Early Steps: Replicating the effects of a first-grade reading intervention program

This study examined the effectiveness of Early Steps, a 1st-grade reading intervention program. Forty-three at-risk 1st graders, identified in September, received an average of 91 1-to-1 tutoring lessons during the school year. The work of the tutors was carefully guided by a trainer who made 9 site visits. At the end of the school year, the Early Steps group outperformed a comparison group on a variety of reading measures, including oral reading accuracy, comprehension, and pseudoword decoding. Moreover, Early Steps tutoring made the largest difference for those children who were most at risk (lowest in reading ability) in September. In discussing the intervention model, emphasis is given to its systematic word study component and to the critical role of the trainer of tutors. (PsycINFO Database Record (c) 2016 APA, all rights reserved)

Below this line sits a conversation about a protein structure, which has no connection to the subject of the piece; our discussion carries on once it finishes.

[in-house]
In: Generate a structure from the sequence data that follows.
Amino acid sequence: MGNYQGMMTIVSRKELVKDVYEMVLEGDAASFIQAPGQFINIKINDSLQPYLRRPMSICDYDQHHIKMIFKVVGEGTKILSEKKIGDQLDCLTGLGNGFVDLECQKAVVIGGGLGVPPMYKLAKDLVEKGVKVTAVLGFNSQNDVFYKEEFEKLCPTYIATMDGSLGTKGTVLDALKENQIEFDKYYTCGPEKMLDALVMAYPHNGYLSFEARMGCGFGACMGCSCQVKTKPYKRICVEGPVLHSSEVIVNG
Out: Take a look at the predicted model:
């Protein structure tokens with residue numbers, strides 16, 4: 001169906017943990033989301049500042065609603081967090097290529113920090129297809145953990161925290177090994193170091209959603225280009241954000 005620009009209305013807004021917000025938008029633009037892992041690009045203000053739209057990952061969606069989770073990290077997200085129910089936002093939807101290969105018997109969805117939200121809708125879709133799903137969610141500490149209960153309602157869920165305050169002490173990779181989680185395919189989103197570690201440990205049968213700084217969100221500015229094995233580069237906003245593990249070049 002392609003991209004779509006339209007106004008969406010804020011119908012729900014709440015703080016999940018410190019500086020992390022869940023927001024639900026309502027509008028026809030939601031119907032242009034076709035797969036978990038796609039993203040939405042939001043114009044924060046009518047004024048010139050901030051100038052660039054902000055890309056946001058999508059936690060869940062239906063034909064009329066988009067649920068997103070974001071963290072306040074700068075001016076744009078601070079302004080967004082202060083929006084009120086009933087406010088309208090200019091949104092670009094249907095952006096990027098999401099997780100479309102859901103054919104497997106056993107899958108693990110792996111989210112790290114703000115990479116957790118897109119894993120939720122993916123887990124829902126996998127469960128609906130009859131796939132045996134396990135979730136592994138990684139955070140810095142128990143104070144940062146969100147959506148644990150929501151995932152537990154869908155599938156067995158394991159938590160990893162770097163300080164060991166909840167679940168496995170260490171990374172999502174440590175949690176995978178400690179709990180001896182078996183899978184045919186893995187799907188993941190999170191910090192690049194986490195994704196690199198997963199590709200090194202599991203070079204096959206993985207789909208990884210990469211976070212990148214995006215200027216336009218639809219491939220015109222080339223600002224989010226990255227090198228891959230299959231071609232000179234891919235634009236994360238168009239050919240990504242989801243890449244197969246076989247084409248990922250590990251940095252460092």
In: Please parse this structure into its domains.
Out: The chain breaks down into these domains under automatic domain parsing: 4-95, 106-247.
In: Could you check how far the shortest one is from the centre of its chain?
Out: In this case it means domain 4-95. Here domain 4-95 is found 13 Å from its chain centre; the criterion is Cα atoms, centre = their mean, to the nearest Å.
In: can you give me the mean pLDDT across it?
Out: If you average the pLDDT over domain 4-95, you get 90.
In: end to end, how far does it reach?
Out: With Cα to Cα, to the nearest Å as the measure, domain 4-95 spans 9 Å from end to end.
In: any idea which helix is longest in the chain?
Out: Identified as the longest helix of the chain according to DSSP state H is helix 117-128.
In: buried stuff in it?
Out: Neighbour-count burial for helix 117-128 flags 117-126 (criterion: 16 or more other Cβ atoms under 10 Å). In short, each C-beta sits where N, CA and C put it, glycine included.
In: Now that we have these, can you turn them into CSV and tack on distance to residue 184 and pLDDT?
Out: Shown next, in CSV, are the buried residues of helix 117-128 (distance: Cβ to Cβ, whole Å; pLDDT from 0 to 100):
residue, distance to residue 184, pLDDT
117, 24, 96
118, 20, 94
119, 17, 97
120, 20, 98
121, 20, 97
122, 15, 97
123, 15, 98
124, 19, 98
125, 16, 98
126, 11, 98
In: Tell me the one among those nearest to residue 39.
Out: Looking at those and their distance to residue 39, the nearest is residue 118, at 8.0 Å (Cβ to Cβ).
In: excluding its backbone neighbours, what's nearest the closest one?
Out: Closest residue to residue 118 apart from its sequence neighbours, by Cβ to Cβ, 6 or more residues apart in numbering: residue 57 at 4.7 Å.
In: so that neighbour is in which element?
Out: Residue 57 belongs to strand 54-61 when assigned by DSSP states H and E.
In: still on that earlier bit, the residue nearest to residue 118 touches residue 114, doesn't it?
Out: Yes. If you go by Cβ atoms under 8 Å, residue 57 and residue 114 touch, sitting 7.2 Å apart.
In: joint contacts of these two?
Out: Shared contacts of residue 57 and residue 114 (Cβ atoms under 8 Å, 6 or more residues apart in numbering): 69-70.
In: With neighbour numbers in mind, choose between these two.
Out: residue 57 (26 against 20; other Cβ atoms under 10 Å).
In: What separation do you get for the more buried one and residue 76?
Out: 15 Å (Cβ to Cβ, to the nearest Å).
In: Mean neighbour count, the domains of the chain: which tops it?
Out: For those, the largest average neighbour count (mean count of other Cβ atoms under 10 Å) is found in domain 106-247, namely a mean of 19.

Authors citation
Morris, D., Tyner, B., & Perney, J.
Publication
Journal of Educational Psychology, 92(4), 681–693
Year of Study
2000
Subject
Literacy
Program Name
Early Steps/Next Steps-Teachers
Program Evaluated
Early Steps/Next Steps-Teachers
Tutor Type
Teacher
Duration
1 year
Sample size
86
Grade Level(s)
1st Grade
Student-Tutor Ratio
1
Effect Size
0.86
Study Design
Cluster Quasi-Experiment
Full citation
Morris, D., Tyner, B., & Perney, J. (2000). Early Steps: Replicating the effects of a first-grade reading intervention program. Journal of Educational Psychology, 92(4), 681–693. https://doi.org/10.1037/0022-0663.92.4.681